Registering a death

Note on COVID-19: Rules to protect people during the pandemic may affect registering a death.

Notifying the registrar

When someone dies their death needs to be registered with the Registrar of Births, Deaths and Marriages.

However, in some cases of sudden death, it is not possible to register a death; for example, if a coroner is involved in England, Wales and Northern Ireland, or a procurator fiscal in Scotland.

A death must be registered by one of the following:

  • a relative
  • someone who was present at the death
  • the occupier of the house or an official from the public building where the death occurred (eg. the hospital or care home)
  • whoever is arranging the funeral (but not the funeral director)

Paperwork you need to take

When you visit the register office to register a death, check if you need to make an appointment first. You will need to take:

  • the medical certificate of death issued by the doctor (this is compulsory)
  • the deceased’s NHS medical card, if possible, and/or
  • their birth certificate and/or
  • their marriage certificate 

Information you need to provide

You will also need to provide information on the deceased’s:

  • date and place of death
  • full name (including any maiden name) and their last address
  • date and place of birth
  • employment status
  • living or dead spouse or civil partner (including their full name, date of birth and occupation) 
  • pension or other social security benefits

What the registrar will give you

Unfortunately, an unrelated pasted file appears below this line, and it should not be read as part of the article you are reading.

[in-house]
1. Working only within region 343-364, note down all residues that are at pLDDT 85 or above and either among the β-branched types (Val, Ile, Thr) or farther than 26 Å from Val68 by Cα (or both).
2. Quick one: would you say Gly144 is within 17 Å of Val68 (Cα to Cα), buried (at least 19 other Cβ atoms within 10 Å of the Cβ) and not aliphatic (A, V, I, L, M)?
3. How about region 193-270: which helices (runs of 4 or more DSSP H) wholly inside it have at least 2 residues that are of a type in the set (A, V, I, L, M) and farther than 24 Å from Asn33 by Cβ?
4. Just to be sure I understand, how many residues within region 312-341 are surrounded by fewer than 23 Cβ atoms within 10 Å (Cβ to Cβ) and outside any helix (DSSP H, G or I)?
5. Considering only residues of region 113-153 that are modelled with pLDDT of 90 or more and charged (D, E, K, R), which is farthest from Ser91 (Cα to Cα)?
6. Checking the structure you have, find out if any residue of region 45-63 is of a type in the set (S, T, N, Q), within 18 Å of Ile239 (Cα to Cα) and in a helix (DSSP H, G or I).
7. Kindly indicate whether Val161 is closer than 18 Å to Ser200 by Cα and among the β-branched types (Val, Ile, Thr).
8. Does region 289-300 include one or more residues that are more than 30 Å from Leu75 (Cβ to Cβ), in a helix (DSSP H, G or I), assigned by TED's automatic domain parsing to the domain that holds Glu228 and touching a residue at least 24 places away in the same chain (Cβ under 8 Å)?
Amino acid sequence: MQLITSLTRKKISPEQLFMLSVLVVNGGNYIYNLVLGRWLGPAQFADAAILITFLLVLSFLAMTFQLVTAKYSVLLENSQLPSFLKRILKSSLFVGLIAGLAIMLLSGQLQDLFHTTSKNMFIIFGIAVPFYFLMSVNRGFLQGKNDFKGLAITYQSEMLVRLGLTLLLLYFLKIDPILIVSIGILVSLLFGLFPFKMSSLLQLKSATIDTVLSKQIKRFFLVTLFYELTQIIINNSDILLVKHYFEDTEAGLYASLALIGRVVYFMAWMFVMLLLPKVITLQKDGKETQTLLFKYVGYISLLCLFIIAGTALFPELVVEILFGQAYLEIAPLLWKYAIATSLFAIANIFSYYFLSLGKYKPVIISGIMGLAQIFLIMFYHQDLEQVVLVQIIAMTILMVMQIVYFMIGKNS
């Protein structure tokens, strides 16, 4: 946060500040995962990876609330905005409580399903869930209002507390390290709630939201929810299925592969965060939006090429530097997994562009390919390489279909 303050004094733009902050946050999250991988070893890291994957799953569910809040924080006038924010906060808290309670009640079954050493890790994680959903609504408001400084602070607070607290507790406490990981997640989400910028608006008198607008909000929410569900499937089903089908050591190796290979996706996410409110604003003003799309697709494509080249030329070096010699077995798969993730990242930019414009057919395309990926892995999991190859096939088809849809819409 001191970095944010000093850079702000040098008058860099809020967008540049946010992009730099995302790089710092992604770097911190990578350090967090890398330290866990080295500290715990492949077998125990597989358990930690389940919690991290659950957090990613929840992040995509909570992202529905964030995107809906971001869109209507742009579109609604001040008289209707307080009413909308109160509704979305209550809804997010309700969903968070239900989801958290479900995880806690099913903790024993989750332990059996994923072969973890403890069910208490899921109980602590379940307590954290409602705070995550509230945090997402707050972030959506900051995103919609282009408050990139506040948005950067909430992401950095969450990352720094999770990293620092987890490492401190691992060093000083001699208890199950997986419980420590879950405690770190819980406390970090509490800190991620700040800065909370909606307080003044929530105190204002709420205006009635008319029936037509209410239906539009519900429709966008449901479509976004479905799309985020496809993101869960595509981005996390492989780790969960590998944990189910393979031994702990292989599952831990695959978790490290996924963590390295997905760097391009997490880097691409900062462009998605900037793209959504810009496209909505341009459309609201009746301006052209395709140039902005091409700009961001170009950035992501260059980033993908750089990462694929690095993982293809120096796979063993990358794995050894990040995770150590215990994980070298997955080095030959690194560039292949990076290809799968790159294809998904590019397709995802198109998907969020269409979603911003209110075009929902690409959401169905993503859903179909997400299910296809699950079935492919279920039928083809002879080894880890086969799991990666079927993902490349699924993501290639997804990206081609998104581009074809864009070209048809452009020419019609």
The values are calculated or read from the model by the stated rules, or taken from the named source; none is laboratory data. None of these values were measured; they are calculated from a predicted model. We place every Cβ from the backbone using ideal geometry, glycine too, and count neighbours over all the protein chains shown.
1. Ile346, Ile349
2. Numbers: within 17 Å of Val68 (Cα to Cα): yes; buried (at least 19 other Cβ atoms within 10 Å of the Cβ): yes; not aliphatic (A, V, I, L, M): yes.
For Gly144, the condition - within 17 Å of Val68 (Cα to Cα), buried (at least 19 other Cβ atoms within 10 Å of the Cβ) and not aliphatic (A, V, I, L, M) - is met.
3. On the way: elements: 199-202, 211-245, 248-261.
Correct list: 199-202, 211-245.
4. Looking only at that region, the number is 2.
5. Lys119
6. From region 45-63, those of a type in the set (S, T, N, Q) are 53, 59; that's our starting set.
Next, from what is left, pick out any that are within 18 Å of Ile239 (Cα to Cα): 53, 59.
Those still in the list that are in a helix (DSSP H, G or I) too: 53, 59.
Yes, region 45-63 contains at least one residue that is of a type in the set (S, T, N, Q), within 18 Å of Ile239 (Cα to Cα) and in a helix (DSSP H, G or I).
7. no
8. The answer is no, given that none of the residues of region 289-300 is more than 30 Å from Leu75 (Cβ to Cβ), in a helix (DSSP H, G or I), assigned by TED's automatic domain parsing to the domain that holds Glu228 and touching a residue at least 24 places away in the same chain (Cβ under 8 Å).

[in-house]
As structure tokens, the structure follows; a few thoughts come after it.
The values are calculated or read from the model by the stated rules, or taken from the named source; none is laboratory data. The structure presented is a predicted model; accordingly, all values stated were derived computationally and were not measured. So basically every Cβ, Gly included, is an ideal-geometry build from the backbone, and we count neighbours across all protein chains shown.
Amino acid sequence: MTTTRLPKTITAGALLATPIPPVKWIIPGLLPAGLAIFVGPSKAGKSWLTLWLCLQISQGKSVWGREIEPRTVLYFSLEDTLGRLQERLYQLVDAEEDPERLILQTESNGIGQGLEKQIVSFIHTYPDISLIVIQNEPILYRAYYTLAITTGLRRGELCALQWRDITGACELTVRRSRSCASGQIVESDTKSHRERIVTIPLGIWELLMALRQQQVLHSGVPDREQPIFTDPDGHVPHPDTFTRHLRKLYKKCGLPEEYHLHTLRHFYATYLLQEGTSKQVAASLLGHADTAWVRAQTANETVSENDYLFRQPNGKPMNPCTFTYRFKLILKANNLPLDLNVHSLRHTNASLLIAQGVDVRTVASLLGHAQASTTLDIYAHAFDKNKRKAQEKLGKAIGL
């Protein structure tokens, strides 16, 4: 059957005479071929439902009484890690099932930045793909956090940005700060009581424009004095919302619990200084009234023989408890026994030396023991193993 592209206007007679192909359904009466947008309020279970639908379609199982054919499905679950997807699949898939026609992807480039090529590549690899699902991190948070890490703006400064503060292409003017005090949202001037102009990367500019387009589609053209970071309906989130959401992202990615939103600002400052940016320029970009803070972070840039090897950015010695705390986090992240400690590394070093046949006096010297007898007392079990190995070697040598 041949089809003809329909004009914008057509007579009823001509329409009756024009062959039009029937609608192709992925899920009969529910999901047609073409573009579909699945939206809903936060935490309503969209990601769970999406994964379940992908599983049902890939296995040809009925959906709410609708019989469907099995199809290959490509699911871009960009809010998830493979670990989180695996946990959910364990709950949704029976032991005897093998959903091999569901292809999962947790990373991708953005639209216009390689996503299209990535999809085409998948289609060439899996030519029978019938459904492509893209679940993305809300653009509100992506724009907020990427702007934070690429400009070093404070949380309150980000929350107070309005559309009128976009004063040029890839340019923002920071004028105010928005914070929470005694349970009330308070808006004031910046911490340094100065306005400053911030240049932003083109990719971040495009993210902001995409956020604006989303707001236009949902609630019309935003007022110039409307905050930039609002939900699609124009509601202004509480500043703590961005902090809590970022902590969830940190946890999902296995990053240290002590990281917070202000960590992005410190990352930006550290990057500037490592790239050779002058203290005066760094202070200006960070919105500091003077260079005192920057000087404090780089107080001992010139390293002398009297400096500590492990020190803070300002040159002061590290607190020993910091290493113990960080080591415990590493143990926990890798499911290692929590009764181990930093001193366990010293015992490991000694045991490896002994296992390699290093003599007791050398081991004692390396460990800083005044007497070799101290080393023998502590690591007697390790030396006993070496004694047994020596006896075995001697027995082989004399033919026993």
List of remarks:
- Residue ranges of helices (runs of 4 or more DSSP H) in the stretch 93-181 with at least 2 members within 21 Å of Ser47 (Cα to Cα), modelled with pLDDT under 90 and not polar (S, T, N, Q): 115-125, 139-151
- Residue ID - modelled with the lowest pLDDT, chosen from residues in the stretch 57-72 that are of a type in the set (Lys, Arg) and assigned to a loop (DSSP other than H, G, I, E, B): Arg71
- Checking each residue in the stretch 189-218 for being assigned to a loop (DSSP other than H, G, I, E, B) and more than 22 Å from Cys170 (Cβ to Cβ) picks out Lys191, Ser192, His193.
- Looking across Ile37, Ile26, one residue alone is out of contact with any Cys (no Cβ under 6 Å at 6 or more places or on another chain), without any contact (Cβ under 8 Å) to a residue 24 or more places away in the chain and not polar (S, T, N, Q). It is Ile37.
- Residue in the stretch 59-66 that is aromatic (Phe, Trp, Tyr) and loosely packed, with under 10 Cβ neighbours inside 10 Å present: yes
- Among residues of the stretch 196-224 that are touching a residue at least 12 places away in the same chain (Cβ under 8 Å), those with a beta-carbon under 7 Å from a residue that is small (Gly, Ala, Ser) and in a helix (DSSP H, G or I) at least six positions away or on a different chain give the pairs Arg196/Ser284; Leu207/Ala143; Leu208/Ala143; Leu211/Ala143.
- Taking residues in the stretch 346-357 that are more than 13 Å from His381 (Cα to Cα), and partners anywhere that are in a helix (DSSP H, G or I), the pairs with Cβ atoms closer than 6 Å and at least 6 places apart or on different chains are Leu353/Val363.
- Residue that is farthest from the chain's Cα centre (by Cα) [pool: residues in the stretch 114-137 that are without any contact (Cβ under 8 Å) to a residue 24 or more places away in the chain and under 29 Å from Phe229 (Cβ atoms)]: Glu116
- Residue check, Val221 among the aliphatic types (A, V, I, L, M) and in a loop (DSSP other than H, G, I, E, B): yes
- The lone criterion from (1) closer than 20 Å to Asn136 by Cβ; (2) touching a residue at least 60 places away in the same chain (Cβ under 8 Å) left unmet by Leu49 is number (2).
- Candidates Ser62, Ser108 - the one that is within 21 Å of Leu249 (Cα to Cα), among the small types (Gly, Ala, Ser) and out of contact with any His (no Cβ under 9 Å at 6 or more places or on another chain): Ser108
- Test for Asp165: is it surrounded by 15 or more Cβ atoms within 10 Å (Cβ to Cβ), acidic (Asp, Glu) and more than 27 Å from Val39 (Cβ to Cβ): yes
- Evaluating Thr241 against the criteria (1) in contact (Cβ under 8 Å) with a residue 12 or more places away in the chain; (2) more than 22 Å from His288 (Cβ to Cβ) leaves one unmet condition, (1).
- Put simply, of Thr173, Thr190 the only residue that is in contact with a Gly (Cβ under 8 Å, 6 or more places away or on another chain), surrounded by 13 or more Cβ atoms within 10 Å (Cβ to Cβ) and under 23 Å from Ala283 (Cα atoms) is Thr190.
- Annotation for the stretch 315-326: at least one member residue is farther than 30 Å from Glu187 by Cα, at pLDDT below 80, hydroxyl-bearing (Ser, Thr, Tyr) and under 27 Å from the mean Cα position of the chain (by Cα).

Once the death has been registered, you will be given certificates and forms that will allow a burial or cremation to go ahead and the deceased’s financial and legal affairs to be managed.

While some of the paperwork is free of charge, fees may apply to others, including certified copies of the death certificate (check with the registrar for any applicable fees).

When a coroner or procurator fiscal is involved

A coroner (in England, Wales and Northern Ireland) or procurator fiscal (in Scotland) investigates certain types of death. The coroner or procurator fiscal is a senior doctor or lawyer, appointed by the local authority.

The coroner or procurator fiscal will be notified of a death if:

  • the deceased had not been seen by doctor within 28 days before death
  • the death was not caused by natural illness
  • the cause of death was unclear, sudden or suspicious

Such deaths cannot be registered until the coroner or procurator fiscal has completed their investigation.